Following their livery reveal last week, Norse Atlantic yesterday offered us a sneak peek of their first 787, wearing its new colours.
There is some anticipation for this airline among travellers. Norse Atlantic plans to continue the low-cost long-haul flights that Norwegian started, using 787 aircraft. Except Norse is making these their ‘bread and butter’ flights, having no plans to acquire short/medium-haul aircraft at all. And this, according to Norse’s management, means that they’re not repeating Norwegian’s long-haul errors.
Also, the company won’t have to worry about delays in getting its aircraft. Their jets are coming from lessors, not Boeing, who aren’t delivering any Dreamliners at this time. The first 787 in the Norse Atlantic fleet belongs to AerCap. The airline expects to have a total of fifteen aircraft by next summer season. Most of them will come from AerCap, with the rest belonging to BOC.
With Norse Atlantic having a direct connection to Norwegian Air Shuttle, it’s not surprising that so does this first 787. The aircraft is a Boeing 787-9, line number 581. The jet is just over 4 years old, and its previous operator was… you guessed it, Norwegian. Originally, it had a British registration (G-CJUL), until its transfer to Norwegian Long-Haul, in Norway.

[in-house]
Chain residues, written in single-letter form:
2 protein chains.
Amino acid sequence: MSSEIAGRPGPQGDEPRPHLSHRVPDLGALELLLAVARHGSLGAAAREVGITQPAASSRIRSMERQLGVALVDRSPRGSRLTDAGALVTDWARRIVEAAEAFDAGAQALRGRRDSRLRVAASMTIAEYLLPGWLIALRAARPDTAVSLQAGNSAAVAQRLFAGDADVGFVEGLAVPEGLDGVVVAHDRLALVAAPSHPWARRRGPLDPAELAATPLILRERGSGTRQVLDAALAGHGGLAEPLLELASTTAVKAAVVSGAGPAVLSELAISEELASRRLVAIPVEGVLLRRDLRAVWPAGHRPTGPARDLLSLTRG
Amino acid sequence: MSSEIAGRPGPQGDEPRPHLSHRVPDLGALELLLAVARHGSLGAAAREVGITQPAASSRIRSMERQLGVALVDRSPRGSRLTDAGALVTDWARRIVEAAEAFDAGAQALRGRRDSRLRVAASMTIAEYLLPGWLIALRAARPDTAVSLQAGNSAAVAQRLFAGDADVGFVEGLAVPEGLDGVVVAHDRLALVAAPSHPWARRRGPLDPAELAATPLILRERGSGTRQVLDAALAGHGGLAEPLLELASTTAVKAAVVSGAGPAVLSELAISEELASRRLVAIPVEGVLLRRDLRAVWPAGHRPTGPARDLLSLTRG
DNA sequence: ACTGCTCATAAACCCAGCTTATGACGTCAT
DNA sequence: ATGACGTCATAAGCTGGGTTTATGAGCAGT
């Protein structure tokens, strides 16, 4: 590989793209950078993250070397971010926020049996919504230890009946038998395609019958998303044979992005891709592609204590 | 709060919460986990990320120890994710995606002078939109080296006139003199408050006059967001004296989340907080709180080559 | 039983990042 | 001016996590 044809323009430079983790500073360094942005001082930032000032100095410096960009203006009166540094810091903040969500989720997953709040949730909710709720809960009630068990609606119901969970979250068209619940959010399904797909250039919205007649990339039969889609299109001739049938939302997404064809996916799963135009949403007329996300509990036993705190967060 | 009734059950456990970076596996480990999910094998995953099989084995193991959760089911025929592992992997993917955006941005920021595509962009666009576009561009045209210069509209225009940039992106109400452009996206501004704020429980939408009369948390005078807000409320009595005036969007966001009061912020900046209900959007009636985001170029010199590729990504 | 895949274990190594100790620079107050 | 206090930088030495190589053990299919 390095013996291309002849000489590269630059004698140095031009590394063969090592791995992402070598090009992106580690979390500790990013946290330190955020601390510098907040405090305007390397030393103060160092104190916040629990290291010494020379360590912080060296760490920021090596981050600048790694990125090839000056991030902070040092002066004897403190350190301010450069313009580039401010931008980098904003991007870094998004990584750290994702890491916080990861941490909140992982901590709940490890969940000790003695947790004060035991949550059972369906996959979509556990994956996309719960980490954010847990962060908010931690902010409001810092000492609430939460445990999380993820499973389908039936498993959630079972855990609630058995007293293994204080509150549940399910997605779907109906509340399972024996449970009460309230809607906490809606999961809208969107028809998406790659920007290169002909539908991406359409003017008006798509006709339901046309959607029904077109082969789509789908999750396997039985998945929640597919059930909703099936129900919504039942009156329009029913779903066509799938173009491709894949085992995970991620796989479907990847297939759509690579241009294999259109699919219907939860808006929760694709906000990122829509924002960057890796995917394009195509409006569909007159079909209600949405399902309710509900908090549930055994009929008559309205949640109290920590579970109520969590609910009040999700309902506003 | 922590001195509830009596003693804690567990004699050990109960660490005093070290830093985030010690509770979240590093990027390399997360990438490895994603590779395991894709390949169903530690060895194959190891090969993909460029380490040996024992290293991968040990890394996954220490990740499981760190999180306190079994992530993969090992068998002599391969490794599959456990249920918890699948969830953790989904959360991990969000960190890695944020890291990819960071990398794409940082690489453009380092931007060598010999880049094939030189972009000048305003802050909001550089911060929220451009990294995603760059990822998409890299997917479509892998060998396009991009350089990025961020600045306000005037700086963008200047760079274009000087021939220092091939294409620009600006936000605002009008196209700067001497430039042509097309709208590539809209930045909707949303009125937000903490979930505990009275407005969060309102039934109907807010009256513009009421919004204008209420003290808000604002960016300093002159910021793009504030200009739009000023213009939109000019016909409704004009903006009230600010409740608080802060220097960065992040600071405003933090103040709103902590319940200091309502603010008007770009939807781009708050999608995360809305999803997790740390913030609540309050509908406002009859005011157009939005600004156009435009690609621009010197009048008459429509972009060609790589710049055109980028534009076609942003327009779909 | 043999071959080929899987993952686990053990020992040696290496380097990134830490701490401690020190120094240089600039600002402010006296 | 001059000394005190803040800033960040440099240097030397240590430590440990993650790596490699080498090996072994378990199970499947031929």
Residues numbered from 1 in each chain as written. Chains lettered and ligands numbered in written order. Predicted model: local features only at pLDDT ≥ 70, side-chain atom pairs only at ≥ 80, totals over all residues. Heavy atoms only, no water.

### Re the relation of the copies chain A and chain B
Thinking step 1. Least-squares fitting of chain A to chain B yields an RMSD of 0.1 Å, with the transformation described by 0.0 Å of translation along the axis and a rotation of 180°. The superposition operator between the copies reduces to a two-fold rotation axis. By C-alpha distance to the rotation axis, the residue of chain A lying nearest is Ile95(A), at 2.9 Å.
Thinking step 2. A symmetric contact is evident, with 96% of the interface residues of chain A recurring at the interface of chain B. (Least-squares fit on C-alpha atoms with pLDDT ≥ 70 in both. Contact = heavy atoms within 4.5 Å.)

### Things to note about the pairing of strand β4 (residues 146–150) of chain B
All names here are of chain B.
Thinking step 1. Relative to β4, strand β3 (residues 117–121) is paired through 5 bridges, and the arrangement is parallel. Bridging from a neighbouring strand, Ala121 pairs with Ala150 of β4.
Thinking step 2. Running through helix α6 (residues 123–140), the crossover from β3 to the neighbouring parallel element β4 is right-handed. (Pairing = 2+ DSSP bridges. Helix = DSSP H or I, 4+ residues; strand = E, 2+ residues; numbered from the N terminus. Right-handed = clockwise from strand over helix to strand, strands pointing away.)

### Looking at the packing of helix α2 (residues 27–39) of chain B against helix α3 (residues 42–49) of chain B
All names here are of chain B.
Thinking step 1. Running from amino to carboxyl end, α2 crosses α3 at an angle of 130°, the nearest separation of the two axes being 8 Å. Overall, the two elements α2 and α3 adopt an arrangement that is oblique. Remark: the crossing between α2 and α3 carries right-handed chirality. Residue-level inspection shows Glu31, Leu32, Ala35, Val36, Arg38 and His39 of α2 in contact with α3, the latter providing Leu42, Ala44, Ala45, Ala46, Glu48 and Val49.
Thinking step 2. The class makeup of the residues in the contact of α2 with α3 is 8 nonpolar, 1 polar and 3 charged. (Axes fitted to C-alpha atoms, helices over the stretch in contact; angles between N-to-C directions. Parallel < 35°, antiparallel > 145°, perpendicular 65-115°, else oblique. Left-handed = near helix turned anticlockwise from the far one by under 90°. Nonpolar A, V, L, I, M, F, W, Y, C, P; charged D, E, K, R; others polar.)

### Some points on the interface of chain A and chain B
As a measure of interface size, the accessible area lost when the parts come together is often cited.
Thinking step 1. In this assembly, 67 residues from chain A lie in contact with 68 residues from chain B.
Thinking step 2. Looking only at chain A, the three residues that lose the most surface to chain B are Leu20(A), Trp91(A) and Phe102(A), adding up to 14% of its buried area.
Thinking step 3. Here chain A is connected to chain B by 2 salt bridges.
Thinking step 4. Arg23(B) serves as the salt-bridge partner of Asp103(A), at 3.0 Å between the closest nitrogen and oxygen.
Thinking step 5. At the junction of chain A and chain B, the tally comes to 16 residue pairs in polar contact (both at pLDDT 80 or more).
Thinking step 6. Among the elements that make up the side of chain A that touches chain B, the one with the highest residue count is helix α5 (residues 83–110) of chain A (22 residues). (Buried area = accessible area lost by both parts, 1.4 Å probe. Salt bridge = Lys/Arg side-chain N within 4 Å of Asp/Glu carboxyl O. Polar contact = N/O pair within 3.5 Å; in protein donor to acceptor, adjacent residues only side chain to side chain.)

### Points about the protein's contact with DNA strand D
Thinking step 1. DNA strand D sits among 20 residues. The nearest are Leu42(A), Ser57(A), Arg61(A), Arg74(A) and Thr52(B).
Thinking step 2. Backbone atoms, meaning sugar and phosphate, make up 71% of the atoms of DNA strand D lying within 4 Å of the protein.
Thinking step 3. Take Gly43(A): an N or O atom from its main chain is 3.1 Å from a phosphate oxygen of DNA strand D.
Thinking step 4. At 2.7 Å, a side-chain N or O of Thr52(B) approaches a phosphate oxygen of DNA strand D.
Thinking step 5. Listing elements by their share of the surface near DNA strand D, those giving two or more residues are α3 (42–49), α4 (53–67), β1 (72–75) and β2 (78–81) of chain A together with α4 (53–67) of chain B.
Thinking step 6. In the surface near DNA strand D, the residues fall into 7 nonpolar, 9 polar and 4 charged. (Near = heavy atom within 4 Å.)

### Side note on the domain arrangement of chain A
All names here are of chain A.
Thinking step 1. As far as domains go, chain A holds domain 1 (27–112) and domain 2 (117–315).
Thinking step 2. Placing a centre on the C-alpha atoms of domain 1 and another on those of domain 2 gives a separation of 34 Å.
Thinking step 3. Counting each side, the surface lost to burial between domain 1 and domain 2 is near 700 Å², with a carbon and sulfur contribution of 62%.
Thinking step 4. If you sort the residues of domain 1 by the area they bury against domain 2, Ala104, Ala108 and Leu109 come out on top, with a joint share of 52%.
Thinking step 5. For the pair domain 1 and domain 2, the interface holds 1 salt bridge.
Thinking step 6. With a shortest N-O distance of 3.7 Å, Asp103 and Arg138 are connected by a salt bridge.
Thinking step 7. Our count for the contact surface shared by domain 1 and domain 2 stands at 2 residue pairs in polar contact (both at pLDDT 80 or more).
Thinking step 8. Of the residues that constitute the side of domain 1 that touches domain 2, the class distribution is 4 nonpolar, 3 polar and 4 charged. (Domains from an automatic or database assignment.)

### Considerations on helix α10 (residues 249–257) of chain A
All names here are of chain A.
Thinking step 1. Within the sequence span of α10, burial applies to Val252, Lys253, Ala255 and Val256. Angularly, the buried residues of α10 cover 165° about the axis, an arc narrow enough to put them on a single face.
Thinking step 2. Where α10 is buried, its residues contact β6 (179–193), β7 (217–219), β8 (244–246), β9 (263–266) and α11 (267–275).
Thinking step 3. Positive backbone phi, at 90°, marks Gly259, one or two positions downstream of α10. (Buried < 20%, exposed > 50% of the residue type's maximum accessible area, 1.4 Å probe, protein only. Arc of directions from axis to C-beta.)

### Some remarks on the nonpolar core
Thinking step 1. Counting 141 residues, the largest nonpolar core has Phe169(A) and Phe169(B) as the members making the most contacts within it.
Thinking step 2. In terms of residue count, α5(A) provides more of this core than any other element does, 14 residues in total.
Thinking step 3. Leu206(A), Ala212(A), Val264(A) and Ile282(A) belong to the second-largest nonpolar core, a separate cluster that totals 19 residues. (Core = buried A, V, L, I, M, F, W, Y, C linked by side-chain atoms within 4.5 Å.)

The plane then got registration LN-LNO, which it still has now. Norse Atlantic named its first 787 “Raet”, a national park in Norway. All of Norwegian’s aircraft had a person on their tail fin, whose name they carried. LN-LNO was named after Roald Dahl, a British novelist, screenwriter and WWII fighter pilot.
The First Of Many Ex-Norwegian 787 Dreamliners For Norse Atlantic
Interestingly, it’s not just the first Norse Atlantic 787 that will come from Norwegian. ALL of them will. But while some had Norwegian, or British, Swedish or Irish registrations, they will all have Norwegian registrations under Norse Atlantic. The airline is keen to emphasize that they will be exclusively Norwegian.
This is because Norwegian Air Shuttle drew some criticism about its organization. Some felt that they based much of their operations outside the country, for reasons to do with employment regulations. So the first and all other Norse Atlantic 787 aircraft will have Norwegian registrations (LN-xxx). This matter also came up when some raised objections to the new company, in the United States.
Norse has since confirmed that they will have crew bases in the US, “where it makes sense”. The airline was quick to work with US unions, announcing plans to hire 700 cabin crew in the country. We have not heard of any objections to the new airline from official sources since. But first, we need to see Norse Atlantic secure licenses and slots, for its 787 fleet.
The airline still isn’t sure exactly when they will launch operations. Bjørn Tore Larsen, the Norse CEO, has said that they would be ready to get going at the end of this year. But COVID-19 variants still interfering with recovery, Norse is now targeting their launch for late Q1 or early Q2 in 2022. They claim to have adequate funding in place, to wait until that time.